On a hot Sunday afternoon when you had a car with five wheels to take you to the nearest swimming hole you were the King of the road. So off we went to a pond located on a side road. This pond was part of a watercourse that at one time supplied a mill. There was a goodly flow of water to the mill but a road had been constructed across part of the pond creating a dam to the water flow. This had been compensated for by the installation of a culvert under the road. On the up side of the road the pond was a great place to "swim" besides there was no charge to jump in. As there was no conservation Authorities around in those days to regulate the usage of a water hole, there were no permits or regulations required for a cooling dip.
The old A got us there in grand style and we paused long enough on the side of the bank to note a raft tied up to a tree with a stout rope. Some other swimmers had thoughtfully provided a diving platform. Not wanting to pass up a good thing we untied the raft and pushed it out into the pond. Great fun and splashes of water as we enjoyed this convenience were underway, without much regard as to securing it in place.
At some point it was noted that the raft had departed and was well on its way toward the culvert under the road. Before anyone could catch it the culvert did the trick and the water pressure tuned it across the culvert. There was now an effective gate in the dam blocking the water discharge. Well we would just go and drag it back so we could resume our fun. We were about to get a first hand lesson about the weight of water and no amount of tugging or pulling could get it away from the culvert. As the water was slowly rising in the pond we stopped to ponder on the solution to this situation. Ah ha! The model A would get us out of this. Backing the A up and attaching the rope to the rear bumper then we would haul the raft out. This done the A was put in gear and began the pull. Gravel and sand flew from the rear wheels but the raft stayed right there with the water getting ready to wash out the road as it would if it spilled over the top.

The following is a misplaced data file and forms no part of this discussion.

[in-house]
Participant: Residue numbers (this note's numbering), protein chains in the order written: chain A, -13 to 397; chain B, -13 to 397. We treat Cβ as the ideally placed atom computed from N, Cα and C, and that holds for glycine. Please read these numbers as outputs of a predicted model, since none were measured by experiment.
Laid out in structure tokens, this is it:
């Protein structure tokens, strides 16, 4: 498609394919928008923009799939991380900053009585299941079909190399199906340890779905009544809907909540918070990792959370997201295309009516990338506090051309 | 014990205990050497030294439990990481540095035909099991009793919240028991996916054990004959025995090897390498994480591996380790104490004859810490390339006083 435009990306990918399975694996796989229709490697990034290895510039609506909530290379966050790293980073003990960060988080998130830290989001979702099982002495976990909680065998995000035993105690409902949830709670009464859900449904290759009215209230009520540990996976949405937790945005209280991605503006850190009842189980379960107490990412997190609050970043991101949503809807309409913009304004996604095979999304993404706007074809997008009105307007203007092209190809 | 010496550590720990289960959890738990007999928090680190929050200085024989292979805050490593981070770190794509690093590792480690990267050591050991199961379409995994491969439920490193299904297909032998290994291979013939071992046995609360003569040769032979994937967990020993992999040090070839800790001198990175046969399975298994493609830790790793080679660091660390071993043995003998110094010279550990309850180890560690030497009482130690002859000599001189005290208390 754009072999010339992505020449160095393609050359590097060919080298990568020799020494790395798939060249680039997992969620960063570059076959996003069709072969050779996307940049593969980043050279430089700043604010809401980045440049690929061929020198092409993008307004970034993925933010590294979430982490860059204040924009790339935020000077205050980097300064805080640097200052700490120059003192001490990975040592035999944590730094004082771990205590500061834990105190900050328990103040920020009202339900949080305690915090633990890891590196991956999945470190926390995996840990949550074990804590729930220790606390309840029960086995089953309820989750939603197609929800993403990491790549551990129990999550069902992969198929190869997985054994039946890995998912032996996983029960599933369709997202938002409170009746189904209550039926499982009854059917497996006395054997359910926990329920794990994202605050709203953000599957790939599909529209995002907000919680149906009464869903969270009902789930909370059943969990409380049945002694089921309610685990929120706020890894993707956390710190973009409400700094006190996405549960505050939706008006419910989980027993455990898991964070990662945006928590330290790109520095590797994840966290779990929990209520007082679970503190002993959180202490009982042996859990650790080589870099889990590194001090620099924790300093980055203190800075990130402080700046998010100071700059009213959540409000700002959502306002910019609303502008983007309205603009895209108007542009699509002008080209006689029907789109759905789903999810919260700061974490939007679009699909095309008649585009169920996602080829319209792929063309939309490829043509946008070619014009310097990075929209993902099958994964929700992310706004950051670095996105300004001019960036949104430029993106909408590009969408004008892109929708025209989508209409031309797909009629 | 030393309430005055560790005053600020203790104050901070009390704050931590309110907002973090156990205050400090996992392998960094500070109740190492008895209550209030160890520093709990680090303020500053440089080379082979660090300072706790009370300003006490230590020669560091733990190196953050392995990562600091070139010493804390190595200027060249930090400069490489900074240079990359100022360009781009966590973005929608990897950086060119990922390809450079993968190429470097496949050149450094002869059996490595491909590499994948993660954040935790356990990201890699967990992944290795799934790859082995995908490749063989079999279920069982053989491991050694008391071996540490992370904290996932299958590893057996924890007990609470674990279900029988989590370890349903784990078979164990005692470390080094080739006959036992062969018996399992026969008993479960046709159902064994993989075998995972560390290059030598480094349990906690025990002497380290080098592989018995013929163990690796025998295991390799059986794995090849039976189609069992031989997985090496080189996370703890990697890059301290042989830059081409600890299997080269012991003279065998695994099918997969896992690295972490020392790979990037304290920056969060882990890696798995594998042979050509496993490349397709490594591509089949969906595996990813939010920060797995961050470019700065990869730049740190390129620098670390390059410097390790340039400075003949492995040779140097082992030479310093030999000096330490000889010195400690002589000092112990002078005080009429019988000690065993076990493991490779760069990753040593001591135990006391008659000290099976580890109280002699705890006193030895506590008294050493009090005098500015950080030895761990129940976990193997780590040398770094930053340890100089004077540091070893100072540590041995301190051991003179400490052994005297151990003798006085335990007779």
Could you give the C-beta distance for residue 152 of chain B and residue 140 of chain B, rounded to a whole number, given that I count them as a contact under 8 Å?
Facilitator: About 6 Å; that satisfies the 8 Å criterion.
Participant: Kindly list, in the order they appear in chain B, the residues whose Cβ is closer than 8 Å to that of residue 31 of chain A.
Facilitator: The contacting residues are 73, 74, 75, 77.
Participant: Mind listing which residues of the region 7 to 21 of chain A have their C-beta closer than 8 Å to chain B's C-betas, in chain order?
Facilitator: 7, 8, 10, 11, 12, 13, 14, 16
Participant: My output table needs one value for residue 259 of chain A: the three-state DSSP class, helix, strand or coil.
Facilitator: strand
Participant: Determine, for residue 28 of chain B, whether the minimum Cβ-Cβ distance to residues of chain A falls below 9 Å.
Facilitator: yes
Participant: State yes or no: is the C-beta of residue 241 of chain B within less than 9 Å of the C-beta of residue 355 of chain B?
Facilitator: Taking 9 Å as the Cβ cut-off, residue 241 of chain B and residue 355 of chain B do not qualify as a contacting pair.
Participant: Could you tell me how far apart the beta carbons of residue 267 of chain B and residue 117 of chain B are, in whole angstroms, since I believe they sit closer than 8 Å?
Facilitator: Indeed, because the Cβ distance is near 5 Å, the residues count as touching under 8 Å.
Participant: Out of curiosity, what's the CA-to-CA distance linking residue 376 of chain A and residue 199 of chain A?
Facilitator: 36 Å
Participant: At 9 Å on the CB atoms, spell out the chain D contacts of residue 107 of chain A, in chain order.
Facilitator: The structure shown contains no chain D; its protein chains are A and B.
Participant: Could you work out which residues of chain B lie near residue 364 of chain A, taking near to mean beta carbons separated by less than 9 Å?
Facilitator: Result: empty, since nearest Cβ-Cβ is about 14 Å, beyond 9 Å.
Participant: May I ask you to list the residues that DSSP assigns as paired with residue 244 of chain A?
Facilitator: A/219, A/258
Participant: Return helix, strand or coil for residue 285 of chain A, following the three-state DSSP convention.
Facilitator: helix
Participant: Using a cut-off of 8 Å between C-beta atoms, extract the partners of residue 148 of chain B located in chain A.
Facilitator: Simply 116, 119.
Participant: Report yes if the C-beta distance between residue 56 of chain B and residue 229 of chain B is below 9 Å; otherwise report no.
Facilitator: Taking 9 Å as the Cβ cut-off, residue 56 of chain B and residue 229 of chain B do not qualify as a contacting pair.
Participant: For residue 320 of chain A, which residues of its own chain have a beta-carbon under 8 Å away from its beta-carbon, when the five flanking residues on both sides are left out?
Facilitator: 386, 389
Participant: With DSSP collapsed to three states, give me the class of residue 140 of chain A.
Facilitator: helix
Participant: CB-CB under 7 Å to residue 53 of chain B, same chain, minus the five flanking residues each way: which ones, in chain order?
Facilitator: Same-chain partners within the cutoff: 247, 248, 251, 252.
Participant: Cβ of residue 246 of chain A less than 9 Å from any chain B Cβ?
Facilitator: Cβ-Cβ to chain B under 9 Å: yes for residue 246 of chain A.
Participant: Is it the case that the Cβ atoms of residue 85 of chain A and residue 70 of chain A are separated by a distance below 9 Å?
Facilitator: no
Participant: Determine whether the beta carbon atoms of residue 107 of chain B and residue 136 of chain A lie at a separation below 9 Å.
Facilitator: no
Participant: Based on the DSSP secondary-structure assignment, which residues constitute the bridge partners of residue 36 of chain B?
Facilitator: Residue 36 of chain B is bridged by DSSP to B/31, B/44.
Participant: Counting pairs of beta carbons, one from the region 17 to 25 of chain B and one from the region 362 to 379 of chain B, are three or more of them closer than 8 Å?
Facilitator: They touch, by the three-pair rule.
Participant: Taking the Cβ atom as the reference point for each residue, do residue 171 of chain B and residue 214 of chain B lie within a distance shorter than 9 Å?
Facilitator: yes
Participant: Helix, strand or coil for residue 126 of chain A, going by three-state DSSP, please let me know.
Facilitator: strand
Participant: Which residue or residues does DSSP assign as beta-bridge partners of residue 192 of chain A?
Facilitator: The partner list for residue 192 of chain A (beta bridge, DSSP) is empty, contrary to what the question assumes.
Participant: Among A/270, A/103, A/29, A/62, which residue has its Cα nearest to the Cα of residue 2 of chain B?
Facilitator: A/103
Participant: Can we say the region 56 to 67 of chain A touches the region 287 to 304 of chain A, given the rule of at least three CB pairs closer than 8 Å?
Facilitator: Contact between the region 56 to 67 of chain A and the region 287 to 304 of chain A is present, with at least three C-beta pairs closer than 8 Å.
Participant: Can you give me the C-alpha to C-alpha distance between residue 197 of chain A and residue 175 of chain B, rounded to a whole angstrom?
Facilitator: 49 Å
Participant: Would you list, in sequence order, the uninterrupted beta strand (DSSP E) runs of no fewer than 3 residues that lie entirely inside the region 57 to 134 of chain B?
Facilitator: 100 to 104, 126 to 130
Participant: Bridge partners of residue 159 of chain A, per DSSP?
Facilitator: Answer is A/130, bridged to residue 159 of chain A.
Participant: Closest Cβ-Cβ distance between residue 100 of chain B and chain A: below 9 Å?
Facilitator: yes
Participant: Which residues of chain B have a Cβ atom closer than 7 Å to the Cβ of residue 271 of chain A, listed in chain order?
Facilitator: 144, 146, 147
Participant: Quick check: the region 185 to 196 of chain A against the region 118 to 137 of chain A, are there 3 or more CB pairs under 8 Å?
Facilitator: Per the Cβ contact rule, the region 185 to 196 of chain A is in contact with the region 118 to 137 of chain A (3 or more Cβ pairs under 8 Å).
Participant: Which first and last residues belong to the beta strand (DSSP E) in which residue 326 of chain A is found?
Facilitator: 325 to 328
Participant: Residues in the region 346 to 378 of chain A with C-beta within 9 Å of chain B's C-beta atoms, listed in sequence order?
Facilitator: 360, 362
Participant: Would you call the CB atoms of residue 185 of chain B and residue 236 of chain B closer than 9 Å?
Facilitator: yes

Time to rethink this operation was at hand. Observing that in order to remove the raft we would have to lift it up over the culvert opening. How to do that using the A was the next order of business. We removed the spare wheel and tire from the back of the car and removed the spare tire from the rim. We always carried tools for this, as flats were common. Next the rope was placed over the wheel rim standing up on the road above the culvert and attached to the car. The magic of physics with the help of the A did the trick with the raft coming away from the culvert nicely. We then got to finish the swim in order to cool off after all this as I am sure the A was smiling at us about then.
What's that old saying? "Necessity is the mother of invention, if you have an old model A"